Allen v. Soetoro assured standing in FOIA claim

By Linda Bentley | July 15, 2009

FOIA’s basic purpose – opening agency action to the light of public scrutiny
TUCSON – On July 6, Kenneth Allen, a Tucson resident, filed a complaint in U.S. District Court for the District of Arizona against Barry Soetoro, aka Barrack H. Obama, aka Barry Obama; Attorney General Eric Holder; Secretary of State Hillary Clinton; Department of Homeland Security (DHS) Secretary Janet Napolitano; and Does 1-49.

The action was filed pursuant to Allen’s Feb. 9, 2009 Freedom Of Information Act (FOIA) request seeking immediate processing and release of agency records with regard to Barry Soetoro, Stanley Ann Soetoro and Lolo Soetoro and all known and unknown aliases.

Allen brought the complaint on his own behalf after defendants blatantly refused to produce the yet-to-be-released documents in a timely manner.

According to the complaint, on Monday, Jan. 26, 2009, his first day in office, President Barack Obama signed Executive Order 13490-Ethics Commitments, which stated only the Attorney General (Eric Holder) and Counsel to the President (Gregory Craig) are able to review presidential records requests and determine whether or not they can be made public.

On his Illinois State Bar application where it asked for other names used by the applicant, Obama stated, “none.”

Allen states, “Because … Barack Obama denies he was ever called Barry Soetoro it shouldn’t be a problem with transparency when it comes to producing the requested records … And because Barry Soetoro is not a citizen, as defined by the law, he isn’t protected by the FOIA.”

According to Allen, Indonesia has not allowed dual citizenship since 1945 and, therefore, Soetoro’s mother Stanley Ann Soetoro would have been required to relinquish her son’s American citizenship and any other citizenship he might have held, in order for him to become an Indonesian citizen, which school records confirm he became.

So, Allen modified his request to ask for an original copy of the immigration records pertaining to Barry Soetoro, circa 1971, when he returned to Hawaii, along with documents indicating whether or not Soetoro is still an Indonesian citizen. If not, Allen asked for documentation as to when he became a naturalized citizen.

Allen requested copies of Soetoro’s passports for the years 1979 through 1982, including his Indonesian passport for the years 1979 through 1982, a copy of his passport and documented history of travel to Pakistan and nationality contained therein for the years 1981 and 1982.

He also requested a copy of Stanley Ann Soetoro’s (Dunham and Obama) passport and travel history for the years 1959 through 1987 along with the same for Lolo Soetoro, citing the requests were not subject to 6 CFR § 5.21(f), which requires permission from the individual, because both subjects are deceased.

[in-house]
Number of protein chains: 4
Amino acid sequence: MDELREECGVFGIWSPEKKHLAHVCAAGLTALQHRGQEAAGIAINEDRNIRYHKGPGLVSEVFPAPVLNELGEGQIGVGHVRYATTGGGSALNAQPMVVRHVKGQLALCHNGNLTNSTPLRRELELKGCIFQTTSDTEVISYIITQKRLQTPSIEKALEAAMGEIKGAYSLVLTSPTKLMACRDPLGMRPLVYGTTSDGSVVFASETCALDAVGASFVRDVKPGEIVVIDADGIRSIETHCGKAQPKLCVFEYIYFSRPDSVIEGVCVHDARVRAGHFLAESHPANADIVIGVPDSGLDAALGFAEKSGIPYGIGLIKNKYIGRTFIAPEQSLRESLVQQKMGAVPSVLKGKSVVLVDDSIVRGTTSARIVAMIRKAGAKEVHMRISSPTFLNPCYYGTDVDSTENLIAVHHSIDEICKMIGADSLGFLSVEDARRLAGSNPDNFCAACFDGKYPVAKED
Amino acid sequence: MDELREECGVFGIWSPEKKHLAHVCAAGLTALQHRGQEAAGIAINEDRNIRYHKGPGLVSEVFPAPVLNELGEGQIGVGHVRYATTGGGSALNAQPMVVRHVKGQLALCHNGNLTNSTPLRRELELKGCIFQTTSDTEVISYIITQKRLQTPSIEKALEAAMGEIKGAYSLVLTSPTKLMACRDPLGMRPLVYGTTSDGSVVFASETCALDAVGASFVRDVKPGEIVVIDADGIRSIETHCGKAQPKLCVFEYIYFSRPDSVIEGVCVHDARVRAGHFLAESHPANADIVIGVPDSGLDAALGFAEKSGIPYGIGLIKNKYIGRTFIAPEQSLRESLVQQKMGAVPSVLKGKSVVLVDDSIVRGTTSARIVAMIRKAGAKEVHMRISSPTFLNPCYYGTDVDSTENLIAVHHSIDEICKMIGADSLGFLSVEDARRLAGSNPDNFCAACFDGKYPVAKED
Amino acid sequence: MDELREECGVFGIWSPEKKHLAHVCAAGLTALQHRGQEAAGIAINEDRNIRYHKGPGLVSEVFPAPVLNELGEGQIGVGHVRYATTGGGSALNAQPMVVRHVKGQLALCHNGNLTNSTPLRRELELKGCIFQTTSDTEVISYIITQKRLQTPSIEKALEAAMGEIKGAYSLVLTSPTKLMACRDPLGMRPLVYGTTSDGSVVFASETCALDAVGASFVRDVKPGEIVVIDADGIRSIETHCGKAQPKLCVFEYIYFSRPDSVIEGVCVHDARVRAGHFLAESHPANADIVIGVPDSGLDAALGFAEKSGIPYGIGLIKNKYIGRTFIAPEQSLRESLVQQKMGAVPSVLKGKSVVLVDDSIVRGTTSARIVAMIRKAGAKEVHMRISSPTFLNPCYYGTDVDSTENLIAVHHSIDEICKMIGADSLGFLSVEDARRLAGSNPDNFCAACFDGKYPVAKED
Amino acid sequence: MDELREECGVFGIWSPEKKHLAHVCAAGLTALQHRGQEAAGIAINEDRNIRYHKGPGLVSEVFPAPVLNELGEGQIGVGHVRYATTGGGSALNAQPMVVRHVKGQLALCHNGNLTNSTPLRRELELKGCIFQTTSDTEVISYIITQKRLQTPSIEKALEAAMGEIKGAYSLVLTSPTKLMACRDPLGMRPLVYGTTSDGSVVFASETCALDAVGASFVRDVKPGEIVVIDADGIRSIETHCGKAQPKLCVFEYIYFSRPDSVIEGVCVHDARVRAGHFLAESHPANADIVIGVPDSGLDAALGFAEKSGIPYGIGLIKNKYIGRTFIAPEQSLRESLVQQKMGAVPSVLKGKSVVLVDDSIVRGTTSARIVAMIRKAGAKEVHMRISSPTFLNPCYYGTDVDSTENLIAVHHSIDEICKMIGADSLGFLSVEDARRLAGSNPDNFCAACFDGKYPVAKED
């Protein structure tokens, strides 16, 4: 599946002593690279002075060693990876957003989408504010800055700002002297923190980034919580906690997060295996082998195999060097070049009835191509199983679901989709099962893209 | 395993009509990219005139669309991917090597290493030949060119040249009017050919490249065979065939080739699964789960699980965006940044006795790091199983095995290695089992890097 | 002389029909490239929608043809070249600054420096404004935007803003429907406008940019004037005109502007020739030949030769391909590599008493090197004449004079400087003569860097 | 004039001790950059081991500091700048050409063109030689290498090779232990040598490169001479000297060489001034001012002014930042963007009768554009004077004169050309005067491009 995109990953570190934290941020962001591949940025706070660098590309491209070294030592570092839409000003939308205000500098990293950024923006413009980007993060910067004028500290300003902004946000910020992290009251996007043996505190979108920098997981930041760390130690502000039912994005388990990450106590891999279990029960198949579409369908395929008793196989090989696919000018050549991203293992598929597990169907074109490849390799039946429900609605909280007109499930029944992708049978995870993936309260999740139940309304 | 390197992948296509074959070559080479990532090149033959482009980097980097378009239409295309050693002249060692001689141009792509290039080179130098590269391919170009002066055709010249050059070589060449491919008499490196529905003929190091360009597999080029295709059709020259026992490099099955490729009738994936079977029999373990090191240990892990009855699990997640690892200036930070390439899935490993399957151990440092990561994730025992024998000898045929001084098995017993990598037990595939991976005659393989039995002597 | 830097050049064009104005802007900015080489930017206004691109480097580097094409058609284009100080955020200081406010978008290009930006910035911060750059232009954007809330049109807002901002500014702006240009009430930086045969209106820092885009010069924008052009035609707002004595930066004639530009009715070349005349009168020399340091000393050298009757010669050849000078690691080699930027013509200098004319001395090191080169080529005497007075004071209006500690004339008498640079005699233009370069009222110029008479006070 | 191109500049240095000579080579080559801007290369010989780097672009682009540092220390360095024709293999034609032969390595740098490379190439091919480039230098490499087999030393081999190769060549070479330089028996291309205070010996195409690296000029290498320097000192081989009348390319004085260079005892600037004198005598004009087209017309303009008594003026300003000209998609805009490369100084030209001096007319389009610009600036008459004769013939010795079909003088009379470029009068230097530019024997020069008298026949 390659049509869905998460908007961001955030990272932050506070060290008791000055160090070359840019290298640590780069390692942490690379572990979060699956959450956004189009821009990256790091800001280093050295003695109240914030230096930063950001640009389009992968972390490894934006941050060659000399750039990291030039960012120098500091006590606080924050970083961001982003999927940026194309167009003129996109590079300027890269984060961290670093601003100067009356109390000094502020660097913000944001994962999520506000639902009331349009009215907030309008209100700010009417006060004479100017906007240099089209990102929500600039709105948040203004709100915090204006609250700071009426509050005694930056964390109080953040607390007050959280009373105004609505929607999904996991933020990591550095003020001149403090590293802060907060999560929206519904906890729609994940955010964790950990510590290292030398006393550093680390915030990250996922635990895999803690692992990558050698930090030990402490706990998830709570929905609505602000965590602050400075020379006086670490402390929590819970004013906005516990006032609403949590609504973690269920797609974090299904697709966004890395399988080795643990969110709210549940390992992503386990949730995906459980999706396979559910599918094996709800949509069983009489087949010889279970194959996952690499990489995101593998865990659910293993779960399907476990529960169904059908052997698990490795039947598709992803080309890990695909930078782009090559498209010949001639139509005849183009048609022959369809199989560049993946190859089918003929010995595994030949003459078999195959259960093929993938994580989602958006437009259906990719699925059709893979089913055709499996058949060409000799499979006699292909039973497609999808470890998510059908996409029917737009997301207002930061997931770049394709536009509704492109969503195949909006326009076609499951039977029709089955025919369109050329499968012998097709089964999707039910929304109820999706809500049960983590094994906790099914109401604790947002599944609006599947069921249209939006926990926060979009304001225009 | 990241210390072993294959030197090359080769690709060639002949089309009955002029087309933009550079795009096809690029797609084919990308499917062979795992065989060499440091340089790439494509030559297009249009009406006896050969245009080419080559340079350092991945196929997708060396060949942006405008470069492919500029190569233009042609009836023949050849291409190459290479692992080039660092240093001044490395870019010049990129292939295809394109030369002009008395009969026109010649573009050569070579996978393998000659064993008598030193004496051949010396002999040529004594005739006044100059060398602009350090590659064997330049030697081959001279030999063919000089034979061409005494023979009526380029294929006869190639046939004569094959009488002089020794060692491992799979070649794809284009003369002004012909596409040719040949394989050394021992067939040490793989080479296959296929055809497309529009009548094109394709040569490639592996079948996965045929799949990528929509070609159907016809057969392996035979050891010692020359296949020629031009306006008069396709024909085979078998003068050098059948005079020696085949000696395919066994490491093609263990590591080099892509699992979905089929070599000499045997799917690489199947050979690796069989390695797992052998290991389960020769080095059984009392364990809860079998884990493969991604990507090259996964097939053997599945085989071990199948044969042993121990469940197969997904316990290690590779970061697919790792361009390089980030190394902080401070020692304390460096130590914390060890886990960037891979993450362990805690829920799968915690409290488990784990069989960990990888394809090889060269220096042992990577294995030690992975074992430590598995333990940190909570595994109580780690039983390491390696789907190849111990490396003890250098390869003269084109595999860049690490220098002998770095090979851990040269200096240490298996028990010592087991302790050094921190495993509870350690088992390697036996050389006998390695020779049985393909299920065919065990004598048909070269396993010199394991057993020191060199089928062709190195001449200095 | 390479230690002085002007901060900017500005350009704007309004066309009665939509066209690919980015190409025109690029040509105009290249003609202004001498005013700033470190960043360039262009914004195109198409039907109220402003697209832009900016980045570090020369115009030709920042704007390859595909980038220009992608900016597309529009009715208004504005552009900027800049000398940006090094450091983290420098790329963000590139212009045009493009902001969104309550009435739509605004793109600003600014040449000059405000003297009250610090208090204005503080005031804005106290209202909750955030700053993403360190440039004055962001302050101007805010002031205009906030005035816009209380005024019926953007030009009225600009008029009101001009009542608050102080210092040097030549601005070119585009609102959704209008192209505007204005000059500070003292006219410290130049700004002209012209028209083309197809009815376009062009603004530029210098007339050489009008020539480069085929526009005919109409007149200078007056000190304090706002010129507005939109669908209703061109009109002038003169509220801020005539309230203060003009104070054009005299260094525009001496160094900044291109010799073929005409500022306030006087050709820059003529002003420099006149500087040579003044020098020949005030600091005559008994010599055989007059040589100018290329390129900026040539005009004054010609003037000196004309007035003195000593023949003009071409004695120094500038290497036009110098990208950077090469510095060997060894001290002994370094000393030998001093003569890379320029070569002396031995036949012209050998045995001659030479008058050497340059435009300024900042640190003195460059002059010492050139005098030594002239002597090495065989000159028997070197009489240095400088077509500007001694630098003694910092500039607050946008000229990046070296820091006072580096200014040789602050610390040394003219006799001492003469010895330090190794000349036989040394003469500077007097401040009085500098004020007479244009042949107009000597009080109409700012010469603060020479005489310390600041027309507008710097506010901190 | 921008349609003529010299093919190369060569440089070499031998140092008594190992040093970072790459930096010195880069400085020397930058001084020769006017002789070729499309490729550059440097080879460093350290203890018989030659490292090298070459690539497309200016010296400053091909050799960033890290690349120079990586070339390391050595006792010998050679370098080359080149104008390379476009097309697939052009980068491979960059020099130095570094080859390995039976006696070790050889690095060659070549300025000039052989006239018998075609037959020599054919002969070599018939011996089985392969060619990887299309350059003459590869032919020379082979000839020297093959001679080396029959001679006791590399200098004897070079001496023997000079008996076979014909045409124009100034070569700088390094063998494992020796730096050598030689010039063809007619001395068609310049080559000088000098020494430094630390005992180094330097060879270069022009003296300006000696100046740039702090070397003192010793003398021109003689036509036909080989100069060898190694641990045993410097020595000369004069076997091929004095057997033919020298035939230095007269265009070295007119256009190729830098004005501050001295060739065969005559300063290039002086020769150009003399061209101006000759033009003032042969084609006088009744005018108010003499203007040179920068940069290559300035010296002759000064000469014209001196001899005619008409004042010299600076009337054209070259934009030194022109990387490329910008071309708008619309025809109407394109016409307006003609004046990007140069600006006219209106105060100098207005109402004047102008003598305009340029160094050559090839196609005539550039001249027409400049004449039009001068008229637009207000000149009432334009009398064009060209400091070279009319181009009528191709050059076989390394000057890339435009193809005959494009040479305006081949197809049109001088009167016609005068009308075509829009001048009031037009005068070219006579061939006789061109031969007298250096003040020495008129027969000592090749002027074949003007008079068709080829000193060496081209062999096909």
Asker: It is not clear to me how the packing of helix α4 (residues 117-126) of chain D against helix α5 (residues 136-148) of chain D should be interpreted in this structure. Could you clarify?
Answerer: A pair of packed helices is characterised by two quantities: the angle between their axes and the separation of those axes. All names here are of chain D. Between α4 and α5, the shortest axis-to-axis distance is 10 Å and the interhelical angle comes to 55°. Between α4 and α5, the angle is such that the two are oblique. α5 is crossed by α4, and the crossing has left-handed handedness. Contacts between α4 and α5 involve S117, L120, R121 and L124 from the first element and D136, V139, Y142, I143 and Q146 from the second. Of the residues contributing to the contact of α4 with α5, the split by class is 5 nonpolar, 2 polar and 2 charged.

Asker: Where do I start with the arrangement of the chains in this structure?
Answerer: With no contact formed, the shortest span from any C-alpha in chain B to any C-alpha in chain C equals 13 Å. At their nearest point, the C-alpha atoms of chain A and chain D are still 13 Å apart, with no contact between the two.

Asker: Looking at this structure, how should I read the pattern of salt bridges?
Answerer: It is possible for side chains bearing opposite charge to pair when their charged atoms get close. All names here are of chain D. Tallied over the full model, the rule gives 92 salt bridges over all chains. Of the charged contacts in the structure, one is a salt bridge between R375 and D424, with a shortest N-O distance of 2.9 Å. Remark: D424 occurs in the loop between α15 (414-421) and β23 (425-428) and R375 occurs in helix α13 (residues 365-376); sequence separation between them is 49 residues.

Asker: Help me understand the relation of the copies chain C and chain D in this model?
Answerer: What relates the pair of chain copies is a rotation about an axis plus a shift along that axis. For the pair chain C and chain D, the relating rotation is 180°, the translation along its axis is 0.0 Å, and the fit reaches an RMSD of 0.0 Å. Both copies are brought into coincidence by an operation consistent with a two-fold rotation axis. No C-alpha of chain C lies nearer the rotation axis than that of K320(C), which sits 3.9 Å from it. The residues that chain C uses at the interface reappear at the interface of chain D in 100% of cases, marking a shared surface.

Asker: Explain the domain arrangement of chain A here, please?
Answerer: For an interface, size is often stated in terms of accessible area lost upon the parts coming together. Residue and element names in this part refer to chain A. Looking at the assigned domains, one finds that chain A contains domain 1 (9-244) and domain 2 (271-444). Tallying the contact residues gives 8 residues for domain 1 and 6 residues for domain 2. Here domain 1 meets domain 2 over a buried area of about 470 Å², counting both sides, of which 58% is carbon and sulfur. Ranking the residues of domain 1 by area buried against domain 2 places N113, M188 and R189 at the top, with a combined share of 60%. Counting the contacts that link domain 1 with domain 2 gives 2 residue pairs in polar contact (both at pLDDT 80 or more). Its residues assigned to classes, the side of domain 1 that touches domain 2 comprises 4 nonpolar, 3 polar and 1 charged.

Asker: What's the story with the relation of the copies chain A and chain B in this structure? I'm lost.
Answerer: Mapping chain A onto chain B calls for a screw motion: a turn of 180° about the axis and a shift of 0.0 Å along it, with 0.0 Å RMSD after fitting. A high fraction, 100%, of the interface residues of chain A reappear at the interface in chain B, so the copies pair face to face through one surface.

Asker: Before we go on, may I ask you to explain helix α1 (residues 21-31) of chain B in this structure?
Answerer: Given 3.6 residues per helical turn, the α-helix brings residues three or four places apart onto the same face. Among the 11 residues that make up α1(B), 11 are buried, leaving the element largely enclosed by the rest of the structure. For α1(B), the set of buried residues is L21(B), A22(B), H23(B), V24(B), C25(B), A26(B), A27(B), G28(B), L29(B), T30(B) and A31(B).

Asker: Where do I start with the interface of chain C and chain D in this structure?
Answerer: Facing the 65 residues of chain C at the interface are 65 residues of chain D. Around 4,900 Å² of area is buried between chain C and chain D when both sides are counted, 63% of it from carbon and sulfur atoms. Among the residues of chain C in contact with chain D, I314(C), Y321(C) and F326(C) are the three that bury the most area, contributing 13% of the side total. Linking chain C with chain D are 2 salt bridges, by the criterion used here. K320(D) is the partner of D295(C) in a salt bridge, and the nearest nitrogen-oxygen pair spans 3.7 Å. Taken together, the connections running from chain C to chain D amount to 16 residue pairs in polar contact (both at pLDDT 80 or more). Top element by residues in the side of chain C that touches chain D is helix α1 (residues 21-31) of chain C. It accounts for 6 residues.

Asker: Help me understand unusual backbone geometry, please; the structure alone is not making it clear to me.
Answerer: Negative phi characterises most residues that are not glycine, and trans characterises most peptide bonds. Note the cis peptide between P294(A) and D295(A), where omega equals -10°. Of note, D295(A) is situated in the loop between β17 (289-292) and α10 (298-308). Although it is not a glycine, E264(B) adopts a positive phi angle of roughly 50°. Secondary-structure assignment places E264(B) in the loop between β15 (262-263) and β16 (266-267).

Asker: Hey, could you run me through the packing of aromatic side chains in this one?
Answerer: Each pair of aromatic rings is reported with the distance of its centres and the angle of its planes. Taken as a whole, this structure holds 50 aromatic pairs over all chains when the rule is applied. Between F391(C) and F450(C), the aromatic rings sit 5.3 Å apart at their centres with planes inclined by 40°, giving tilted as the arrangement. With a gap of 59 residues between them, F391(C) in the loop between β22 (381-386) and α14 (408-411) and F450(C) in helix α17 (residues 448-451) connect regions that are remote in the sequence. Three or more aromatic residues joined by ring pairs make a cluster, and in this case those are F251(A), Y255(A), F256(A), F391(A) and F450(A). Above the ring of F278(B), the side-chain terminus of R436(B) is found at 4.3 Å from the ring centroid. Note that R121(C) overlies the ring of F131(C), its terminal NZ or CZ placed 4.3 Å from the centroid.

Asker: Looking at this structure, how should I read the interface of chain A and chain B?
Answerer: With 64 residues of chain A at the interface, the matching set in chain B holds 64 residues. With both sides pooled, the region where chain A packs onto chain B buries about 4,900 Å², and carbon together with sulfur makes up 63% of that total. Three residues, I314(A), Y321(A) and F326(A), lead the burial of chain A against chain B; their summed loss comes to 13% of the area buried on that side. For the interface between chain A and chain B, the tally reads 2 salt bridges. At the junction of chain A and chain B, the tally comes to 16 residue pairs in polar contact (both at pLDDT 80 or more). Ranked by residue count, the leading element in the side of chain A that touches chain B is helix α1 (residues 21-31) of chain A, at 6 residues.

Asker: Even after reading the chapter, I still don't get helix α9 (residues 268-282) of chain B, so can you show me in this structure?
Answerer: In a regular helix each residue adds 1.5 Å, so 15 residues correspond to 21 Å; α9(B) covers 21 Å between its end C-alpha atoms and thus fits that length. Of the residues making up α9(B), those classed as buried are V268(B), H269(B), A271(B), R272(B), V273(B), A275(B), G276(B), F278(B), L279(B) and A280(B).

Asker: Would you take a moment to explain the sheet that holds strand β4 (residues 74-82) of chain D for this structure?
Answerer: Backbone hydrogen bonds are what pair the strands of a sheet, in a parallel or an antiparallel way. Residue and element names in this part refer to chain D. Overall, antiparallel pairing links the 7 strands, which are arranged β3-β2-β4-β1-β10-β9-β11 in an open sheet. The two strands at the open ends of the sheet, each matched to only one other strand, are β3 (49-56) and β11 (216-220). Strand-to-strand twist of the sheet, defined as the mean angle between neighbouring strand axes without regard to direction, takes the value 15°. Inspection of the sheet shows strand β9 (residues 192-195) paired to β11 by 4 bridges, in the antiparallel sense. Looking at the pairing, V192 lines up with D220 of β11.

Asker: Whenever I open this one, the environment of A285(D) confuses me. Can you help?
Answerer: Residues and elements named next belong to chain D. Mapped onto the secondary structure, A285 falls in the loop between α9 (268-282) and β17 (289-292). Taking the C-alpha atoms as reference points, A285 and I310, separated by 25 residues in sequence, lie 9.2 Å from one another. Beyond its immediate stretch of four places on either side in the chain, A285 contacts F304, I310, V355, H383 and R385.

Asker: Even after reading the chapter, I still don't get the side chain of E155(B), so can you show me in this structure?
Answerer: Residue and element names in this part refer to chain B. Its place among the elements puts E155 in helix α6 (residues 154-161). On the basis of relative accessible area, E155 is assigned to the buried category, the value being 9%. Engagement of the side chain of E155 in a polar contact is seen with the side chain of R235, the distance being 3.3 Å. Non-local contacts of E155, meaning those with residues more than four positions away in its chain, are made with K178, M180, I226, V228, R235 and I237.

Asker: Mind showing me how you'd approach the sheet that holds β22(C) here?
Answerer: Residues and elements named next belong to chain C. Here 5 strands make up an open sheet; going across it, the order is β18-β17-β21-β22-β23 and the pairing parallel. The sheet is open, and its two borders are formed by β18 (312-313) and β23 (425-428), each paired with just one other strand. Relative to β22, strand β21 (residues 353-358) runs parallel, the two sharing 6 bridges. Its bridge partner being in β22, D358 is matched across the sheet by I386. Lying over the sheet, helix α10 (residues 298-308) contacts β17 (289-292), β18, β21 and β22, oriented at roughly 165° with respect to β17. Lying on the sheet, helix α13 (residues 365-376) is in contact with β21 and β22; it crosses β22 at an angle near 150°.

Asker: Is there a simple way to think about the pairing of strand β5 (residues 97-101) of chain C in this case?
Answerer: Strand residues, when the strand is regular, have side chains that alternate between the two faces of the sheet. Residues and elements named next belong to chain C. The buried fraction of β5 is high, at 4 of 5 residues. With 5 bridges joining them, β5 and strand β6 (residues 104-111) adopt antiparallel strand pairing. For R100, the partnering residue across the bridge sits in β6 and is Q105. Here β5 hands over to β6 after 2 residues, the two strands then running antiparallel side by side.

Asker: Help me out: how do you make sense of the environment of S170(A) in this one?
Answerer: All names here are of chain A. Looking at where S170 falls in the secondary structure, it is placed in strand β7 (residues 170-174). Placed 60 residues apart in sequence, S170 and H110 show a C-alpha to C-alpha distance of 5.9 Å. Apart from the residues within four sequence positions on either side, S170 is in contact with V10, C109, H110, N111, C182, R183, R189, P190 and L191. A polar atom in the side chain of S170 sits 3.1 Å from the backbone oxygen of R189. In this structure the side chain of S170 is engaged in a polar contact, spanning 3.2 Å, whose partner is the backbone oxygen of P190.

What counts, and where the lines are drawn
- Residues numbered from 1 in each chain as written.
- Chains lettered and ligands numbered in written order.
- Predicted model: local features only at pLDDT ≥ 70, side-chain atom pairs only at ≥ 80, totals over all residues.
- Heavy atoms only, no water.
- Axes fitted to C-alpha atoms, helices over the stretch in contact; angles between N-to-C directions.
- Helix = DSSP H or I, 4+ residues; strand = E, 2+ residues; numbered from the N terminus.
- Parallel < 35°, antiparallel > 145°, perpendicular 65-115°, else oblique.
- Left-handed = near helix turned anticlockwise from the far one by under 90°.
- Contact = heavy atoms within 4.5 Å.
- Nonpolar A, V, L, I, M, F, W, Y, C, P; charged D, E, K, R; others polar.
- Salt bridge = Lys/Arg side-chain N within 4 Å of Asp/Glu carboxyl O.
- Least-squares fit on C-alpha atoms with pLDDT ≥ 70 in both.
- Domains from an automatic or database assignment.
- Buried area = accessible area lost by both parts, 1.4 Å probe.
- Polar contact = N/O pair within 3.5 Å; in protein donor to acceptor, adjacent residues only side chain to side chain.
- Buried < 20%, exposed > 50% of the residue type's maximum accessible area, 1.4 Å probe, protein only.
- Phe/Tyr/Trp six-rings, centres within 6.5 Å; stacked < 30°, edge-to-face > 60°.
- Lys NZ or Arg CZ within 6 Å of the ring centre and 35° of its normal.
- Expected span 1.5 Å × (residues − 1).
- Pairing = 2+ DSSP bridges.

Citing the Privacy Act’s laudable goals of protecting sensitive information, Allen said it only protects U.S. citizens and permanent resident aliens and “does not apply not foreigners, unions, collective associations or corporations.”

Allen asserts Barry Soetoro is neither a citizen of the United States nor an alien with permanent residence and said “… we know Barry Soetoro was an Indonesian citizen at the age of 7 and that he had ties in Hawaii,” noting Soetoro would have had to have gone through immigration and customs at some point between 1961 and 2009.”

The information requested by Allen could prove Soetoro is in violation of a number of laws under the Immigration and Nationality Act, including falsely claiming citizenship.

Allen said the information sought would undeniably shed light on the DHS and U.S. Citizenship and Immigration Services conduct concerning its Indonesian and foreign repatriation policy.

Considering the fact Napolitano believes veterans, Second Amendment and pro-life supporters should be considered terrorists, Allen said she shouldn’t have any problem with the release of information revealing the source of the facts underlying an aspect of the nation’s immigration policy as it pertains to Barry Soetoro, Stanley Ann Soetoro and Lolo Soetoro.

He said it would further the FOIA’s basic purpose of opening agency action to the light of public scrutiny by informing the public against whom the government enforced its policy of repatriation and upon whom the DHS relied in evaluating and deciding to continue that policy, rather than denying Allen’s request for records concerning Barry Soetoro and his connection to Barack H. Obama.

Allen believes any information that may exist with respect to Barry Soetoro should be released in the interest of national security and, because his complaint is over a FOIA request, there can be no question of standing.

For requested relief, Allen is asking the court to order defendants to immediately process his FOIA requests, disclose the requested records in an expedited manner and find the defendants’ action in violation of the FOIA.